Jimmy Sanders is Vice President of Information Security at Netflix with a focus on securing the company’s internal and external environment. He also serves as the current president of the San Francisco Bay Chapter of ISSA (Information Systems Security Association). According to Crunchbase, after earning a B.A. degree from San Jose State University, “Jimmy has been involved in computer technology for over 17 years with 11 years focused on security…Prior to Netflix, Jimmy was the Security Architect for Samsung Research of America. He has built and maintained security environments for companies large and small.” In a recent interview about his role at Netflix, Sanders shared, “I love my job. I’m at a company where it’s not me dictating things. The culture is visible, it is upfront, and we adhere to it. People can push back against you if they don’t think you have a valid idea. And I love the fact that the best idea wins at the company. It’s not who is most politically motivated, it’s not the person who spends the most money, it’s not the person with the most patents. It’s not even the person with the best title. It’s the person with the best idea.”
Angelica Ross is an entrepreneur, businesswoman, military veteran, and transgender activist. According to Advocate, Ross is originally from Wisconsin and joined the Navy after high school. Ross noticed a lack of support when it came to employing transgender people, even within the LGBT community, “I’m not seeing a single trans person serving me a drink, or ringing me out at the local gay-owned shop. None, or at least hardly none, I should say, actually employed by LGBT businesses.” After working for TransLife Care in Chicago, Ross was inspired to work in non-profit, “That was my introduction to the non-profit, social work sector. And it’s where I learned how to steer clear of discriminatory hiring practices.” The founder and Executive Director/CEO of TransTech Social Enterprises, Ross established the nonprofit in 2014, “to follow a vision: A social enterprise that provides education, support, and jobs for trans people facing high levels of discrimination.” Ross shared, “At TransTech, we’ve created a space for trans people to come together, work together, laugh together, go to lunch together. There’s strength in numbers. They’re building networks, and down the line they’ll think of each other when it comes to jobs.”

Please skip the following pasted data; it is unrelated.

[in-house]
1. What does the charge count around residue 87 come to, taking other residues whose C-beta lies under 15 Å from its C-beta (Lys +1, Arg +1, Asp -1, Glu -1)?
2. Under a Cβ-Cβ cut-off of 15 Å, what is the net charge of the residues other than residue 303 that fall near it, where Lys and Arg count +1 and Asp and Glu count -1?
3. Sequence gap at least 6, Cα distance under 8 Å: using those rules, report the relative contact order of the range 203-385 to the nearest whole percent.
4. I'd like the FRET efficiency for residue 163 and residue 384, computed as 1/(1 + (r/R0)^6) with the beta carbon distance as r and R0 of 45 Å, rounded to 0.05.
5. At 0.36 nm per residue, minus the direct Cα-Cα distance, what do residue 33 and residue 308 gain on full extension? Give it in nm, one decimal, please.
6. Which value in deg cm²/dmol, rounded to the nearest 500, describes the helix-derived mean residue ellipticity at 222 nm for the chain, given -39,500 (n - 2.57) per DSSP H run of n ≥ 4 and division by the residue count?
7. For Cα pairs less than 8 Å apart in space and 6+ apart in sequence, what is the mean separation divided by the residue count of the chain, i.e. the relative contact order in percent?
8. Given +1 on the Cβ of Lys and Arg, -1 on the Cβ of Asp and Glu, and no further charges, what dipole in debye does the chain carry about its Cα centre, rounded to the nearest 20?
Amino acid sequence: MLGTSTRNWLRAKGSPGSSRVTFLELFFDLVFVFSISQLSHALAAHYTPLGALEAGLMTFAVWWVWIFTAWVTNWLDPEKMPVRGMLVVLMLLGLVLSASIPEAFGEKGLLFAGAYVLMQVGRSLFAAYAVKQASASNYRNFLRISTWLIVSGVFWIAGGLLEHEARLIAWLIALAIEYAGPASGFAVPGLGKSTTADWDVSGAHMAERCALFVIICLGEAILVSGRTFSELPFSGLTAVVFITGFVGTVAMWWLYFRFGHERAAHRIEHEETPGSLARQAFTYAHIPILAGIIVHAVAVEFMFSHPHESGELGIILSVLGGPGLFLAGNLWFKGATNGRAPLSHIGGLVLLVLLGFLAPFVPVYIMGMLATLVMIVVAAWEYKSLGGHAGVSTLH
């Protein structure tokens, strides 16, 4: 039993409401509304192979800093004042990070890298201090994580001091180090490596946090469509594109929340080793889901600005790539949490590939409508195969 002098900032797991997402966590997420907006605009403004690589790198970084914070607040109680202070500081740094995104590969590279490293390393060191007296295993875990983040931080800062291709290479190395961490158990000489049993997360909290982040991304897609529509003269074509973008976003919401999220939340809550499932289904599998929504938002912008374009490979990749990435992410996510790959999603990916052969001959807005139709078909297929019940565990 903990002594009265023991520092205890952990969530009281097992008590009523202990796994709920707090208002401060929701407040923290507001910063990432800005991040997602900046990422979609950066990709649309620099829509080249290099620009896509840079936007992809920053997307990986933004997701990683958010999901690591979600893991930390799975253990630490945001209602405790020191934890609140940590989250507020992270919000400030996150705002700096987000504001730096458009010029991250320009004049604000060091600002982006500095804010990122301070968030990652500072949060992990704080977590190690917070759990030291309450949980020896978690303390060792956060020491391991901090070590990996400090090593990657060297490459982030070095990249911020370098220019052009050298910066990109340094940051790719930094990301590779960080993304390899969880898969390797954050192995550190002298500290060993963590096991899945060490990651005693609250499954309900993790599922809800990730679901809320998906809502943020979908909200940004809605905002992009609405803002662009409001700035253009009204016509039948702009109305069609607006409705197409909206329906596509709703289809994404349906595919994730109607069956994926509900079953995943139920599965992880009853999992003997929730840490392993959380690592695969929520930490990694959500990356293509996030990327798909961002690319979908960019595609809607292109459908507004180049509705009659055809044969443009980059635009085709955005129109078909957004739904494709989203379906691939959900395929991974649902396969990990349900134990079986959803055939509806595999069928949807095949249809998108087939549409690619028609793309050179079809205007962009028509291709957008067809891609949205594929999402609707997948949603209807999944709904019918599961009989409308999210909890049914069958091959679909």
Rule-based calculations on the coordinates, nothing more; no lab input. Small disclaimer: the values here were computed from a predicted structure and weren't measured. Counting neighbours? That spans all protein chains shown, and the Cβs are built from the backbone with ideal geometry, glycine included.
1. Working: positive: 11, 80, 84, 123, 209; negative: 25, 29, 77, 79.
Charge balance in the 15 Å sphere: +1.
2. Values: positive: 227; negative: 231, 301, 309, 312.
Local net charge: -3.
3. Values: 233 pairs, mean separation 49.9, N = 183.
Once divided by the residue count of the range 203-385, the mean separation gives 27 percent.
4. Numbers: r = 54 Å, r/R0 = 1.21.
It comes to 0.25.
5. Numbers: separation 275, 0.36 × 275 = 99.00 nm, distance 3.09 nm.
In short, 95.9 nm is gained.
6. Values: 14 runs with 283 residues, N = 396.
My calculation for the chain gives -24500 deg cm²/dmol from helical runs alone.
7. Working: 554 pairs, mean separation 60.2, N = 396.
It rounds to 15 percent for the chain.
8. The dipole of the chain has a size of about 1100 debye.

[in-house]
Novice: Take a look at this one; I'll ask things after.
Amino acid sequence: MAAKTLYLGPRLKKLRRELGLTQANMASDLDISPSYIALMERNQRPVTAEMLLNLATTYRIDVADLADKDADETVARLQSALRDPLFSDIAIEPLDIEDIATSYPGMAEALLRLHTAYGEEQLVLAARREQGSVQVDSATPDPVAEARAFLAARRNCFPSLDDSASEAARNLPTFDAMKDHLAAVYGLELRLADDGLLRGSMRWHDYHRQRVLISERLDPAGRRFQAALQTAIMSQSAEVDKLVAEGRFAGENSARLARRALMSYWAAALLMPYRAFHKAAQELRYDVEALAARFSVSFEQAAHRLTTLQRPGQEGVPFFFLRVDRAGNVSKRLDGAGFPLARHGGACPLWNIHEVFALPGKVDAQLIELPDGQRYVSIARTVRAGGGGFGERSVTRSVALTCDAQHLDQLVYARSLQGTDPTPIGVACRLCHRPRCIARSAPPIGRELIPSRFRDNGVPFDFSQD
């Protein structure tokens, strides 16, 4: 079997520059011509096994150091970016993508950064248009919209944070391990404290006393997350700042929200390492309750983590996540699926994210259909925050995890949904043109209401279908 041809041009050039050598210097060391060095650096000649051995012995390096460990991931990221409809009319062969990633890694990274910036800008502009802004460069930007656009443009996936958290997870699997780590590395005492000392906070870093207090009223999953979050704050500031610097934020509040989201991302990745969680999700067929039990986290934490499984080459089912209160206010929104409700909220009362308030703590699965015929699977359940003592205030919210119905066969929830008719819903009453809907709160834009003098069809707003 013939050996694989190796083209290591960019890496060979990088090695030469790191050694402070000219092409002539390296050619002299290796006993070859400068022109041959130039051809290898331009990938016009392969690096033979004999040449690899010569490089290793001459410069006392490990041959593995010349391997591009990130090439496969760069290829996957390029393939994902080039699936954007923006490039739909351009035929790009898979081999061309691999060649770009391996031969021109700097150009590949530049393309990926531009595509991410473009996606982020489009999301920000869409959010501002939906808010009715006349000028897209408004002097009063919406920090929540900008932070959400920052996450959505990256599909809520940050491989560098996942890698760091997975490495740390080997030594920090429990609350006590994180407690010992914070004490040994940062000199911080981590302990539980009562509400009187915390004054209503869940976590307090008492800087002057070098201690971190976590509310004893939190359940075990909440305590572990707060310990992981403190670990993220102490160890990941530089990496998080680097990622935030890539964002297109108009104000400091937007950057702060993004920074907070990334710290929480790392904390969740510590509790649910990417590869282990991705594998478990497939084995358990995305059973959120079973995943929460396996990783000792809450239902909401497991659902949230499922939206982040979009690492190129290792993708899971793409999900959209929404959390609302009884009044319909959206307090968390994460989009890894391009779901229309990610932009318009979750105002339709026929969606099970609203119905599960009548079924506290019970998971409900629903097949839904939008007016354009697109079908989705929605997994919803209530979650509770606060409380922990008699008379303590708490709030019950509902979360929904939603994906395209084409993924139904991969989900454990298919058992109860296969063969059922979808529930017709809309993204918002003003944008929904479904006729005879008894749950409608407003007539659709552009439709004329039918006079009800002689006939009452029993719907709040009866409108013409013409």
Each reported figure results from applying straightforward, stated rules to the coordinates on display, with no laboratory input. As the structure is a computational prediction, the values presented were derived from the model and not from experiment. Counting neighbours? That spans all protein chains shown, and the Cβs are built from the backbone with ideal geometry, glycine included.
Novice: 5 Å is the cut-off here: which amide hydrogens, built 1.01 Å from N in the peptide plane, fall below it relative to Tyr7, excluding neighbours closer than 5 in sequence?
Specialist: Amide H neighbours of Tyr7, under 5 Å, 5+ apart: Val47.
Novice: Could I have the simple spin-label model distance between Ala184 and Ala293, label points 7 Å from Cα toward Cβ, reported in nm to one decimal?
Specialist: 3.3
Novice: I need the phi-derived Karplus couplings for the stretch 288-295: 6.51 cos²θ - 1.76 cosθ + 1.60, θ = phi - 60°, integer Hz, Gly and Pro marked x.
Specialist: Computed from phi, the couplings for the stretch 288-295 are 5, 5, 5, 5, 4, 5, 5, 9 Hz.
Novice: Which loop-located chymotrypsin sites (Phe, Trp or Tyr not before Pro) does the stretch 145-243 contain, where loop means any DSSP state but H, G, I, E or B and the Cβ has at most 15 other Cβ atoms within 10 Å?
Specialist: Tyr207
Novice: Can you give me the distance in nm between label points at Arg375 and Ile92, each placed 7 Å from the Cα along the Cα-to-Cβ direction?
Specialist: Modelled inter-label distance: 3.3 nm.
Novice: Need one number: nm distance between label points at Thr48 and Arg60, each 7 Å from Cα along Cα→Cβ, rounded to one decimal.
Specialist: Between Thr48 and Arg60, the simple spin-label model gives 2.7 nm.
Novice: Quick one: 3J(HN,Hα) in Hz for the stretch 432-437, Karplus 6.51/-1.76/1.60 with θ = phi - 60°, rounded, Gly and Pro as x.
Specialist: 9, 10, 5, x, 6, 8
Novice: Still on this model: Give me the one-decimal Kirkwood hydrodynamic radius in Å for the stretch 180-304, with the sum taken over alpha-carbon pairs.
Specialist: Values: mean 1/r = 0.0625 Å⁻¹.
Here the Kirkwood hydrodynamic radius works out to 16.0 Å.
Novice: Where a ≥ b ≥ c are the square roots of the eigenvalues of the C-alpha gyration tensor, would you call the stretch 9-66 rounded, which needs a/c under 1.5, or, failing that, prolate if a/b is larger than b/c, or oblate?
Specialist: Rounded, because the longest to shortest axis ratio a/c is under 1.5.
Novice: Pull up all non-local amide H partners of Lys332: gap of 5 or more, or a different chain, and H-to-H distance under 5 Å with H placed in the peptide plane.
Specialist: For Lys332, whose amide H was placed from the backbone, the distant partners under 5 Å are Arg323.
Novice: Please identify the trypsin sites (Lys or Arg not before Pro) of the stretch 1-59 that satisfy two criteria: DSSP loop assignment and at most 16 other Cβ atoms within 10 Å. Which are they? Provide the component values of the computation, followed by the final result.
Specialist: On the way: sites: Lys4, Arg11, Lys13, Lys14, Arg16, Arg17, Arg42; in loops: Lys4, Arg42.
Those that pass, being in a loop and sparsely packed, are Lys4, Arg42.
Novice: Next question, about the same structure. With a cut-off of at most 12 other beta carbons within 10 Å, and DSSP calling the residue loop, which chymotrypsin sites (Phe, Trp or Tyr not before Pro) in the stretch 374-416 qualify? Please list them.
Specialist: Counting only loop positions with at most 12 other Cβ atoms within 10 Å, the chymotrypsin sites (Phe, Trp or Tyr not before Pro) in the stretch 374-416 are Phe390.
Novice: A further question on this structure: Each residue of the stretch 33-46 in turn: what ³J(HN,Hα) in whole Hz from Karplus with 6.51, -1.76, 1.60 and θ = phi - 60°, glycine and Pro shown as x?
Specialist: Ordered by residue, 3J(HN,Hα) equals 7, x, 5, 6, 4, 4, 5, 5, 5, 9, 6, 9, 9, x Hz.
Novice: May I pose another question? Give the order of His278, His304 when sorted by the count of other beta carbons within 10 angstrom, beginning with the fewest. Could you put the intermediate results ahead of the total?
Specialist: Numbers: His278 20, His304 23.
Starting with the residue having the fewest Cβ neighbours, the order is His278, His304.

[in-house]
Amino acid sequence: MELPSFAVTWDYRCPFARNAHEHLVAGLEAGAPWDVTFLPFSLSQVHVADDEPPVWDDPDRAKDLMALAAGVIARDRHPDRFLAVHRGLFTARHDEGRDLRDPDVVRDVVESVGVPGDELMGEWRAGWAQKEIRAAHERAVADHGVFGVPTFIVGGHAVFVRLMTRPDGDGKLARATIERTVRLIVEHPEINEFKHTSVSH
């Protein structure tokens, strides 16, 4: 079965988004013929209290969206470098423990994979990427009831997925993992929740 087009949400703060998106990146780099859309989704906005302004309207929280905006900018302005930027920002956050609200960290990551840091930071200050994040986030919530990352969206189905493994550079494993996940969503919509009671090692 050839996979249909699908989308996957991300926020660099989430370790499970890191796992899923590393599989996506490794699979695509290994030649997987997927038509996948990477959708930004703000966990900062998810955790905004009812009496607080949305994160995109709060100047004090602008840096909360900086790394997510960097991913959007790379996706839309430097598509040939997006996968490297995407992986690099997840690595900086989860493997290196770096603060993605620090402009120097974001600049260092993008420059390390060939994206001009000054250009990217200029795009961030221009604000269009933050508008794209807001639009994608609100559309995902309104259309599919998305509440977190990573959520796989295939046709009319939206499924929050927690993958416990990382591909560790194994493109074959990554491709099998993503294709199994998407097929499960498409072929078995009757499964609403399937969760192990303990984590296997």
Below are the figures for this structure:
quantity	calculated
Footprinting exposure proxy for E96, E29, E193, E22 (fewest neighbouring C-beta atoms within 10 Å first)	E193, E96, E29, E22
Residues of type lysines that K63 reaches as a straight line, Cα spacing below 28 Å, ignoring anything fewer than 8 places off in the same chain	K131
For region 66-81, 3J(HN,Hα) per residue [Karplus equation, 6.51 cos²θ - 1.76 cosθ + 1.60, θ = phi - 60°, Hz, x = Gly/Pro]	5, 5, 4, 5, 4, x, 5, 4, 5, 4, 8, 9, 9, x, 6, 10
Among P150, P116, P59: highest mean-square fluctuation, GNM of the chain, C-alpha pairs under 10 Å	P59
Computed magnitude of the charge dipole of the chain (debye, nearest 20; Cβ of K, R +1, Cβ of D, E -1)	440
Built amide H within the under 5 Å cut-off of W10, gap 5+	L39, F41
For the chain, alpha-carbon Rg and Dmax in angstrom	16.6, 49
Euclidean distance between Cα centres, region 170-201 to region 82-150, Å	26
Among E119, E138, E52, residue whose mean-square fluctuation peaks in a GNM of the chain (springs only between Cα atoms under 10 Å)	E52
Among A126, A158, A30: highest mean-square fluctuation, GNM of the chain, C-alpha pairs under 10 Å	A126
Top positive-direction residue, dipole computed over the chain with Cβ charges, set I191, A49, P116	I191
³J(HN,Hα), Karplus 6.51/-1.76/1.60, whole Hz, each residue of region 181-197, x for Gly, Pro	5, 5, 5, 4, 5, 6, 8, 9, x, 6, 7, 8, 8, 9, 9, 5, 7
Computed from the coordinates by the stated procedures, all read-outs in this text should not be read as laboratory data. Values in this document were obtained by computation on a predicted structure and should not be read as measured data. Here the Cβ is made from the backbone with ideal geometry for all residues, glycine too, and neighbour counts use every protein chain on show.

Oscar Robles serves as Director of Community for Lesbians Who Tech, an organization that is committed, “to convening queer women in technology (and our allies) in a vibrant and inclusive community. We work together to promote the visibility and inclusion of women, LGBTQ people, and people from other backgrounds under-represented in technology.” According to WNPR, Oscar started to socially transition when he was in college. Oscar shared with WNPR that he was, “having a hard time with my body and with my life,” and after getting through that difficult time he reflected, “ It was almost like, I want to say, a life making experience because in my mind, when I look at the timeline of my life, it was the end of that old self and the beginning of that new self.” Afterward, Oscar started to medically transition and moved from Florida to Connecticut to work for national service program AmeriCorps VISTA. Robles shared in an interview with WNPR, “I think the goal is that I want to live in the world without any barriers. And I think that is the goal — is for lesbians, gay men, bisexuals — that their orientation is not influential on what their goals are — getting to whatever they wanted from life — getting whatever they want from life — as far as employment, education.”